Last week, you met July book club pick
Zolitude by Paige Cooper, and heard what Biblioasis editor John Metcalf had to say about the collection. This week, it's Team ALU's turn in the saddle: we commiserate over what we loved about this book, and even end up reading some of our favourite parts aloud.
Download our reading guide to host your own book club discussion, and scroll on to see and listen to what we had to say about the book (warning: there are some spoilers in the Soundcloud links below!).
Check out some spoiler-free highlights from our discussion below, or listen to the full audio of our (not spoiler-free!) discussion on Soundcloud.
* * *
1.Some of the settings in Zolitude are reality-adjacent, wide-ranging, and unusual. What effect did this have on your reading of the stories?
“It made me feel less certain – you think you’ve got a handle on it, you think you understand, at least where things are happening or how the society works and then a detail will be thrown in there that makes you go WHAT???” –Tan
“Everything about every story, there’s something just slightly off, and you can’t trust anything…Is this real? Am I supposed to believe what’s happening?”–Will
“The settings were unusual, but the themes were really universal – love, heartbreak, things like that – it made me look at those things in a new novel way, and the settings contributed to that for me.” –Mandy
“Beyond that cliché of ‘setting is a character in the story’ – it’s an actor in the story, it’s creating events that really affect how the characters move through those spaces and realities.” –Lauren
2. It’s safe to say Cooper has a talent for writing incredibly striking descriptions. What were some of your favourites and why?
“When you stick with that for ten seconds, it feels like that description can’t be anything else. It’s so perfect and at the same time, so alien.” –Will
“It made me stop. I stopped reading at that point… I needed a moment to absorb it.” –Mandy
3.It’s been argued that characters should be relatable or that their motivations should be understood. Cooper subverts those expectations in these stories. How did this resonate with you?
“We shouldn’t always want characters to necessarily to be good in our fiction…it can be incredibly boring when characters are relatable to you…speaking as a white straight man, I don’t need characters to be relatable to me, I’ve seen enough of that.” –Will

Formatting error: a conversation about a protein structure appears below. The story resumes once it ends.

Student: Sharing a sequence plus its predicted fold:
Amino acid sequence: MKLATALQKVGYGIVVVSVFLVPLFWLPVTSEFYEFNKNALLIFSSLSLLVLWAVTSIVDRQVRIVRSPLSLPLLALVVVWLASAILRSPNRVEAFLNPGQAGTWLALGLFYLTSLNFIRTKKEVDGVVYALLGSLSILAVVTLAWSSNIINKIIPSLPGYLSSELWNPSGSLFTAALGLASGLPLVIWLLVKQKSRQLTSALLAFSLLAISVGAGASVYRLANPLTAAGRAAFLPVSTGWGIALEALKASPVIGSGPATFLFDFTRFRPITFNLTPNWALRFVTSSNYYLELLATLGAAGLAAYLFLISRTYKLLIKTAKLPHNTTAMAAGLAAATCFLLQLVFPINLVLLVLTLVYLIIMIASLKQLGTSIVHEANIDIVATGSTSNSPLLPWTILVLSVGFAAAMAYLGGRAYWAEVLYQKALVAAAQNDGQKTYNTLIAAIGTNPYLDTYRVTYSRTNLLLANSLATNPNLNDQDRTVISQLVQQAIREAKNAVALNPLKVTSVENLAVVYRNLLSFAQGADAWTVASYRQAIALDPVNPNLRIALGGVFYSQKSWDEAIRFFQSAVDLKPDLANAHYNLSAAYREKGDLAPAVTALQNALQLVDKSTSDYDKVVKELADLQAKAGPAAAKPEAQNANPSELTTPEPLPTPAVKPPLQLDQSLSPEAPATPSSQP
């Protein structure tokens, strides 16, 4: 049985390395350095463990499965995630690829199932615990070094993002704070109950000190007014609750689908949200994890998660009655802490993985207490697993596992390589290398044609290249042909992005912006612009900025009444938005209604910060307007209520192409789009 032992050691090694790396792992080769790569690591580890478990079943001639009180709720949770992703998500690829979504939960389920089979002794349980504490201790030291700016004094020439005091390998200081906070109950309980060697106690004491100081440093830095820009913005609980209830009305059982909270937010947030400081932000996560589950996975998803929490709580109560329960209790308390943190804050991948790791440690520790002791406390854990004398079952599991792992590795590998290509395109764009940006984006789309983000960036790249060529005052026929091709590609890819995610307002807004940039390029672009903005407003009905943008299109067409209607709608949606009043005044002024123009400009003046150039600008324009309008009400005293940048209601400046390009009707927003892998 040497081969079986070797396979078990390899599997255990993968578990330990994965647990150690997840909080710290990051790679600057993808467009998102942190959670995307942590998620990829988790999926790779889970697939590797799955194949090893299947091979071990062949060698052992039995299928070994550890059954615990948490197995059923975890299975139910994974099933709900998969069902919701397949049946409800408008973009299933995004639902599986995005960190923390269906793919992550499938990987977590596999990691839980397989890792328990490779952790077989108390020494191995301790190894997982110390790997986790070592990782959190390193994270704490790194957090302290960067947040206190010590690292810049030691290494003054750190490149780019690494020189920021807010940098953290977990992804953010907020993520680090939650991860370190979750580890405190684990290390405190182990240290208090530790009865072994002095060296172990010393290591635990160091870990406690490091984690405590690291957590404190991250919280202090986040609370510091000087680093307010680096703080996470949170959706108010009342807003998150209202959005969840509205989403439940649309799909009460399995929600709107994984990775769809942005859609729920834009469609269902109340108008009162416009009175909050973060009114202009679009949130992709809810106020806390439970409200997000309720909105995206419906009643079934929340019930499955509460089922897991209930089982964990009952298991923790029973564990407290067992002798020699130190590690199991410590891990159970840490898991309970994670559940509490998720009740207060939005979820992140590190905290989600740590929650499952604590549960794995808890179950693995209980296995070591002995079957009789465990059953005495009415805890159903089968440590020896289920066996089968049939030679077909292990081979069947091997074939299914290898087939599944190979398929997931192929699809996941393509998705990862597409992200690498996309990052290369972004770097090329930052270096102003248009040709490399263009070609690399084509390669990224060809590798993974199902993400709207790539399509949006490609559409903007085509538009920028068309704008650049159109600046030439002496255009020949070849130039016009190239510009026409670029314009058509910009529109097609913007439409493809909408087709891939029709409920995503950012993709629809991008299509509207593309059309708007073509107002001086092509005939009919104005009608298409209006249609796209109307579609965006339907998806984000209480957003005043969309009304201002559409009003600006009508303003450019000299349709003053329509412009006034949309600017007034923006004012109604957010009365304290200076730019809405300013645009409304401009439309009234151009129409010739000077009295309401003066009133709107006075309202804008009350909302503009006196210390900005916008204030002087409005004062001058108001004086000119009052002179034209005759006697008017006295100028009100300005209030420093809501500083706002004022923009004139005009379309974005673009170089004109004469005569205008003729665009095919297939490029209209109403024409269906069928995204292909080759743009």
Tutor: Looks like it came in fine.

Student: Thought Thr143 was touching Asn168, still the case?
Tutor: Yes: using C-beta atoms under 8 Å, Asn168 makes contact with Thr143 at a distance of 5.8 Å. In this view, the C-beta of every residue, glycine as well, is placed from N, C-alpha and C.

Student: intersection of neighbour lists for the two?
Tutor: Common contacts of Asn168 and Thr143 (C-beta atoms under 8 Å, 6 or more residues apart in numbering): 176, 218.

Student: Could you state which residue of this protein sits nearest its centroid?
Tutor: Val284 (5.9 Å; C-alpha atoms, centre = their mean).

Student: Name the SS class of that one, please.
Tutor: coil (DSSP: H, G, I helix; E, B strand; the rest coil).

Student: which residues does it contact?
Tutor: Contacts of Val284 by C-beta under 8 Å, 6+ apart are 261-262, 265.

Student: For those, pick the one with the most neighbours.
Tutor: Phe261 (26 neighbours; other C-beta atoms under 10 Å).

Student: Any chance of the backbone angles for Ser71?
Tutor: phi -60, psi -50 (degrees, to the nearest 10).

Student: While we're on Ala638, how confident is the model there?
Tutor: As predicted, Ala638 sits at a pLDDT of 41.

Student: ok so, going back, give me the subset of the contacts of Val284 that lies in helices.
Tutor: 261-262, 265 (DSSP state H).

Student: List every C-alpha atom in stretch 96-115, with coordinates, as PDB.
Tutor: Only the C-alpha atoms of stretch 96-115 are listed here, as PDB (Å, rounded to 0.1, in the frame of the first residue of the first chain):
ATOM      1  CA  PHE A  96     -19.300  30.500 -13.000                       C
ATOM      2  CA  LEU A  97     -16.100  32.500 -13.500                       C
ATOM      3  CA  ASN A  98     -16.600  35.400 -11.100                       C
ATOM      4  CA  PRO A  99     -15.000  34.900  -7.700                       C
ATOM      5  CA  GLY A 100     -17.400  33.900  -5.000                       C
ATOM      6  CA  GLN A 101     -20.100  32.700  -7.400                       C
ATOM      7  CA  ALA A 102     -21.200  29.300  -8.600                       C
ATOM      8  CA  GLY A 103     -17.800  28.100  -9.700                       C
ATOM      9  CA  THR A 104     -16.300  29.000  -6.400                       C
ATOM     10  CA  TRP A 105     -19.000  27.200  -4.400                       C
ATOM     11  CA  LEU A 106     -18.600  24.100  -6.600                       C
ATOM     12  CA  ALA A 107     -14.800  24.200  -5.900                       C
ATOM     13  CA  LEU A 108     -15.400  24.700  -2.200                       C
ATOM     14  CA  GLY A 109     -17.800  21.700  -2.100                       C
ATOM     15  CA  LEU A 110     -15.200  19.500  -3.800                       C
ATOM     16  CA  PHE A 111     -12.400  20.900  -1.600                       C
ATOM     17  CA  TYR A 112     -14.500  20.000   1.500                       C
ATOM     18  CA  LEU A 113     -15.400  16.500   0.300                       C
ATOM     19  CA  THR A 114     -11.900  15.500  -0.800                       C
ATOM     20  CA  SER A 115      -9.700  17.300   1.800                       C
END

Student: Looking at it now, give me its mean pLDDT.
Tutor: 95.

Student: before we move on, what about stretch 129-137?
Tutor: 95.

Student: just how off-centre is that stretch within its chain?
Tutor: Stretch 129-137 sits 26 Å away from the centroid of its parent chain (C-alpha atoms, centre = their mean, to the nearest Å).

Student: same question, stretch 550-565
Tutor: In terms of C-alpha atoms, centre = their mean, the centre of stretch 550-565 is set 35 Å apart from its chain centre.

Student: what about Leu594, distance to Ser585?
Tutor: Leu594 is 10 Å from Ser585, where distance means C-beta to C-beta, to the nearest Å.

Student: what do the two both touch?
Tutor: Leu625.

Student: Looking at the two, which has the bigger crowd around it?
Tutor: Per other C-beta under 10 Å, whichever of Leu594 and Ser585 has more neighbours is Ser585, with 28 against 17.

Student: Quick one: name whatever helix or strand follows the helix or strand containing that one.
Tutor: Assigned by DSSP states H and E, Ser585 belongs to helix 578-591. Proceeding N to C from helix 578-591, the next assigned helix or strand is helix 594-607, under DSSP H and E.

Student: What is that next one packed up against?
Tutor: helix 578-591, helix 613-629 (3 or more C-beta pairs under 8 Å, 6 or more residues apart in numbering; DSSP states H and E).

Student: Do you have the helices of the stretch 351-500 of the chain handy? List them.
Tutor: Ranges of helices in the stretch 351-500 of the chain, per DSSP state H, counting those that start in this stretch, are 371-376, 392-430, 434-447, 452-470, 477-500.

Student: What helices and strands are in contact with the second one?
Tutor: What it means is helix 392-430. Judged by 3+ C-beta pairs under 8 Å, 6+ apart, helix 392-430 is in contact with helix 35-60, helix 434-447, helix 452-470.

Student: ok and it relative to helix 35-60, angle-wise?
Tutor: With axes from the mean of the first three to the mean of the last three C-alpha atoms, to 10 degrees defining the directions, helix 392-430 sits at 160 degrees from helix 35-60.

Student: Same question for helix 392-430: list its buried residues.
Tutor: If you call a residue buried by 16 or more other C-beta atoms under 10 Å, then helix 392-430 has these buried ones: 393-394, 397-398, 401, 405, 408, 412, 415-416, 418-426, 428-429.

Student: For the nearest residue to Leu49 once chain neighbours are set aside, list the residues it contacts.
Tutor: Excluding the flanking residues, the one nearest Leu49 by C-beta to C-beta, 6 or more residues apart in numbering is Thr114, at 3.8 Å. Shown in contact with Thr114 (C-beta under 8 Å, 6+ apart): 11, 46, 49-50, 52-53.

“I liked that they weren’t really relatable in that…they were all cohesive…by the end of the story, you could understand that person’s world and viewpoint a little bit, even if it might be so far beyond yours. They were whole characters, really well developed.” –Tan
“I don’t think in any of the stories there’s physical descriptions…it’s more of an active read because you have to imagine this person, moving through the space that they’re in.” –Mandy
“What’s cool about the characters is how pure their intentions are…I think you could pinpoint their motivation, but the way they go about getting it is heretical.” –Lauren
4. Many of the stories in Zolitude don’t end in a conventional way one would expect a short story to end – sometimes things aren’t neatly wrapped up. How do you feel about this?
“All of those decisions are so intentional. You have to go back and think about what just happened, leading into the end of the story. Instead of collections where things are neatly tied up…this collection is not that. At the end you have to take a second...it’s a thought-provoking choice [Cooper’s] made in her writing.” –Tan
“Cooper doesn’t apologize for how intelligent her writing is, it demands so much from the reader.” –Will
“With a lot of the stories I feel like she’s just handing it off to you, and you’re the one that’s sort of thinking what’s next…You’re just given this new information and then the story ends, and that’s what you’re reckoning with.” –Lauren
5. Address the comment that collection editor John Metcalf made, that Cooper “has the most apocalyptic mind he’s ever come across.” How does this manifest in Zolitude?
“Even when it seems like things are mundane and everyday, there’s something weird and slightly askew.” –Will
“The characters…the way that they yearn for things it almost seems like this is the last thing that they’re going to get to do, before some unspoken thing happens to them. There’s such an urgency in how everyone operates.” –Lauren
“There’s a strange intensity…an element that has an intensity to it and the rest of the story forms around that...Bringing in the animals, the wildlife and natural aspects of these worlds she’s created are taken to another level.” –Tan
“The language is also apocalyptic. As a reader, you have an expectation of where that sentence is going to go and at the end of it you are not where you expected to be.” –Mandy
The team talks Paige Cooper's Zolitude.
* * *
All Lit Up Book Club will be back next week with an interview with
Zolitude author Paige Cooper – in the meantime, why not treat yourself to
15% off the book so that you can discuss with your own book club? And don't forget to follow us on
Twitter for further, impromptu discussion. Hop on the hashtag #ALUbookclub to send us comments and questions!
All Lit Up is produced by the Literary Press Group and LitDistCo. LPG and LitDistCo acknowledge the financial support of the Department of Canadian Heritage, the Canada Council for the Arts, and the Ontario Arts Council.
All views expressed by bloggers and contributors to the All Lit Up blog are their own and do not necessarily reflect the opinions of All Lit Up or the Literary Press Group.
All Lit Up acknowledges we are hosted on the lands of the Mississaugas of the Credit, the Anishinaabeg, the Haudenosaunee, and the Wendat. We also recognize the enduring presence of all First Nations, Métis and the Inuit people, and we are grateful to have the opportunity to meet and work on this territory.